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  1. #1
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    Default 2019 Pennsylvania Trail of the Year


  2. #2
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    I just finished this trail a month ago and really enjoyed it. Highly recommend this trail especially for folks that like to get creative with turning point to point hikes into loops.
    enemy of unnecessary but innovative trail invention gadgetry

  3. #3

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    Is this trail as rocky as the eastern part of the AT?

  4. #4
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    Mid State Trail Hike 50! CelebrationMid State Trail Association, the all-volunteer non-profit group that cares for Pennsylvania’s longest and wildest footpath (2019 #PATrailOfTheYear !) announces the Hike 50! Celebration in honor of Mid State Trail’s 50th anniversary.MST began as a project of Penn State Outing Club in 1969, and grew to cross all of PA in association with Pennsylvania Department of Conservation and Natural Resources (five state forests, eight state parks, and general support directly and through Keystone Trails Association), Pennsylvania Game Commission (six numbered game lands), U.S. Army Corps of Engineers, Tioga-Hammond & Cowanesque Lakes, and about two dozen private landowners.In 2019 (through New Year’s Day 1/1/2020), hike 50 kilometers (km) along Mid State Trail – 10 km each (individually or cumulatively) in at least four different parts of Mid State Trail:• Everett Region – from MD Route 144 north to US Route 22, guidebook sections 0 through 6;• State College Region – from US 22 to PA Route 192 at Raymond B. Winter State Park, guidebook sections 7 through 11;• Woolrich Region – from PA 192 north to PA Route 414 at Blackwell, guidebook sections 12 through 16;• Tioga Region – from PA 414 north to the New York State border, guidebook sections 17 through 20.The final 10 km to make a total of 50 km in 2019, can be (individually or cumulatively) along more of Mid State Trail beyond the minimum in each region – and/or along a list of trails from Virginia to Ontario, Canada, that connect to MST.Hikers do not need to register with us until the Hike 50! is completed. However, hikers on this quest are encouraged to use the social media hashtag #Hike50MST See form posted in the Files in the Mid State Trail Facebook groupAny questions, e-mail end2end@hike-mst.org

  5. #5

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    Quote Originally Posted by tiptoe View Post
    Is this trail as rocky as the eastern part of the AT?
    No, it's not as rocky as the AT in eastern PA. So now you need to ask the next most obvious question.

    (edit: bolded the wrong "as" initially)
    --
    EJS
    (Ed. S)

  6. #6

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    Quote Originally Posted by Malto View Post
    I just finished this trail a month ago and really enjoyed it. Highly recommend this trail especially for folks that like to get creative with turning point to point hikes into loops.

    Sounds interesting. Did you do it all at one go? And did you turn it into a loop? How is water & resupply along the trail?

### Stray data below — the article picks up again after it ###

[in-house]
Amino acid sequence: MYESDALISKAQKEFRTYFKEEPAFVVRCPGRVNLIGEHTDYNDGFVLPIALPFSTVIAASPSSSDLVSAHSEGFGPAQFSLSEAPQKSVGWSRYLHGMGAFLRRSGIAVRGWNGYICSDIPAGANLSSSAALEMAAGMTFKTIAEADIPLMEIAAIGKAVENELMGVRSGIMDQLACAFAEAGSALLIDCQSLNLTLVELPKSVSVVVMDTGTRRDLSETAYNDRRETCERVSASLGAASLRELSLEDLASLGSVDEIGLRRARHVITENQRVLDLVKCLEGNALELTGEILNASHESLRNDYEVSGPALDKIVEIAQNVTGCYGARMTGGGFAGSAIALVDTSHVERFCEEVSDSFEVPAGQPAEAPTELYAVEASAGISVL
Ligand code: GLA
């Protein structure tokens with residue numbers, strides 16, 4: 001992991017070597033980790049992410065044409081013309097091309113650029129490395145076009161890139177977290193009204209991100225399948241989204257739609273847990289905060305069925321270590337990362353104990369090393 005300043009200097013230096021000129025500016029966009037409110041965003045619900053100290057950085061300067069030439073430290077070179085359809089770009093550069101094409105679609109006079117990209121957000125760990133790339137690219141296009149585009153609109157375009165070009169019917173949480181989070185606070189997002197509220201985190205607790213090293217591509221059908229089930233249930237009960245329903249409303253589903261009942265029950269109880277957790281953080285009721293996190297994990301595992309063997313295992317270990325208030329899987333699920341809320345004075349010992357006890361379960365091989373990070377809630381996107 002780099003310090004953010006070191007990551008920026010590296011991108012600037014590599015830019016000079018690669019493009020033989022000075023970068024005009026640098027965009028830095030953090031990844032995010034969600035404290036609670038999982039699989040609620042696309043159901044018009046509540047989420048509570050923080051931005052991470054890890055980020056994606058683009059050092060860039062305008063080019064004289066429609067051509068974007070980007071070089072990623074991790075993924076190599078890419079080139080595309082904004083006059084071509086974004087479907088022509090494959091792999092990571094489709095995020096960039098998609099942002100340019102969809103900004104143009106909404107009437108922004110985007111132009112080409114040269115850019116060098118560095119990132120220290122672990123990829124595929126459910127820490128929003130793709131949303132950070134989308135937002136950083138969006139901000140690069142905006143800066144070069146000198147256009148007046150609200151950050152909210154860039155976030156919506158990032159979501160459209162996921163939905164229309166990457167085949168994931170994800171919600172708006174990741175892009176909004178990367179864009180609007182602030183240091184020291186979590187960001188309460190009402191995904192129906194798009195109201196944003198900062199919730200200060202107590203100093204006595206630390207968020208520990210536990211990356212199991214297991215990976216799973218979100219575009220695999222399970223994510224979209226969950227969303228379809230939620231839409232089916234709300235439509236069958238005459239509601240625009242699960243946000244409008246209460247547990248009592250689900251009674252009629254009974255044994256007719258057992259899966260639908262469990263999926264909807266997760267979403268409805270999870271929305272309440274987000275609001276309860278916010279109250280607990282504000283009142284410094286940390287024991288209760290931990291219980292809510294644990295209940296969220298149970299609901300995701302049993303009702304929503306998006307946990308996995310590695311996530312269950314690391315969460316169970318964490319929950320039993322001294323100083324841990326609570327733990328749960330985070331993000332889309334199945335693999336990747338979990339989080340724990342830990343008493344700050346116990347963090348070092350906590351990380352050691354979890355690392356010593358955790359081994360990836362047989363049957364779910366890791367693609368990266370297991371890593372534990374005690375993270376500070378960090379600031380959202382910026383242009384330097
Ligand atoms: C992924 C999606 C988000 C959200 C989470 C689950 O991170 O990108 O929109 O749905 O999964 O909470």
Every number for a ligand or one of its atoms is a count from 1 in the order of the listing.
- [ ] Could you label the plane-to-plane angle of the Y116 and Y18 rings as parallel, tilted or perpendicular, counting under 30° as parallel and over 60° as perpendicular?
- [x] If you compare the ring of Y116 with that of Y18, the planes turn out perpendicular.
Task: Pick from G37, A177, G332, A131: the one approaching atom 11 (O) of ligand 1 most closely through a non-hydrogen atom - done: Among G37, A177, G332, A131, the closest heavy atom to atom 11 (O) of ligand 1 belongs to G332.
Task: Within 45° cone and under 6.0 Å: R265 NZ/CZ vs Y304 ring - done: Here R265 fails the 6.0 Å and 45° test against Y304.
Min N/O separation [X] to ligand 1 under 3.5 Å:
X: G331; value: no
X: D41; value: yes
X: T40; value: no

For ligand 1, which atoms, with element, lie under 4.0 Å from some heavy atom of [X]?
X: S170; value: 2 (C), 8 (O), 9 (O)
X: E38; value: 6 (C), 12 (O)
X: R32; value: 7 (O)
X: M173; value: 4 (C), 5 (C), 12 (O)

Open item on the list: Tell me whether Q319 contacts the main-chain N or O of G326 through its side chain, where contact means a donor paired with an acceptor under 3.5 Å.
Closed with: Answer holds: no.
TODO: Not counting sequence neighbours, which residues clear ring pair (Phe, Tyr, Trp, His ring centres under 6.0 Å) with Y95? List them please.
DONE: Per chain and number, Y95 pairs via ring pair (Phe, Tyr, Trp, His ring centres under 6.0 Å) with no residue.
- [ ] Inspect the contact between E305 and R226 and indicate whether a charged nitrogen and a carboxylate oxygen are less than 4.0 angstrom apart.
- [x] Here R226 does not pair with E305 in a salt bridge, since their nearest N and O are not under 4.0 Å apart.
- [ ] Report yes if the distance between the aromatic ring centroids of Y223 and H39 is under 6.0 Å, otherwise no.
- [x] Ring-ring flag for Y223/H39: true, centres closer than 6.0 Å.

u.w.

  7. #7
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    Quote Originally Posted by u.w. View Post
    Sounds interesting. Did you do it all at one go? And did you turn it into a loop? How is water & resupply along the trail?

    u.w.
    No, it took me multiple trips, most day or overnight hikes to complete the trail. I tend to do high mile days which gives me a bit of flexibility in putting together some interesting loops. Here is a good example. Just south of Pine Creek Gorge the MST heads to Little Pine Creek SP. I looped using the Pine Creek rail trail and a short road walk up to the park. In the State College Area there are usually forest roads at a lower elevation that parallels the ridge that the MST runs. That holds true down south as well but I ended up hitch back on my last three trips due to much shorter days in December. I also did two cars on the northern 50 miles which I hiked with son using two cars.

    As as far as a comparison with the AT, in general I did comparable miles per day. The MST can be a bit more overgrown in some places but I think you would find it closer to the AT tread of southern PA. I had no issue with water since I usually hiked three seasons, late fall through spring.
    enemy of unnecessary but innovative trail invention gadgetry

  8. #8
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    Quote Originally Posted by Malto View Post
    Here is a good example. Just south of Pine Creek Gorge the MST heads to Little Pine Creek SP. I looped using the Pine Creek rail trail and a short road walk up to the park.
    Although word of this is only slowly filtering out, the Tiadaghton Trail has been resurrected from the Waterville access area of the Pine Creek Rail Trail, over to the back of Happy Acres campground (immediately adjacent to Little Pine SP), so one would have had an alternative to, say, a rather scary roadwalk of the Little Pine Creek Road. The part of this TiaT on the northeast face of Huntley Mountain ridge is about as rocky as Tuscarora Trail north of Colonel Denning SP, but instead of being a flat pile of ankle twisting railroad ballast, is about on a 2H:1V slope too.

  9. #9
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    Quote Originally Posted by AegisIII View Post
    No, it's not as rocky as the AT in eastern PA. So now you need to ask the next most obvious question.
    Come to think of it I guess I haven't seen you since our hike over the heart of Section 3...

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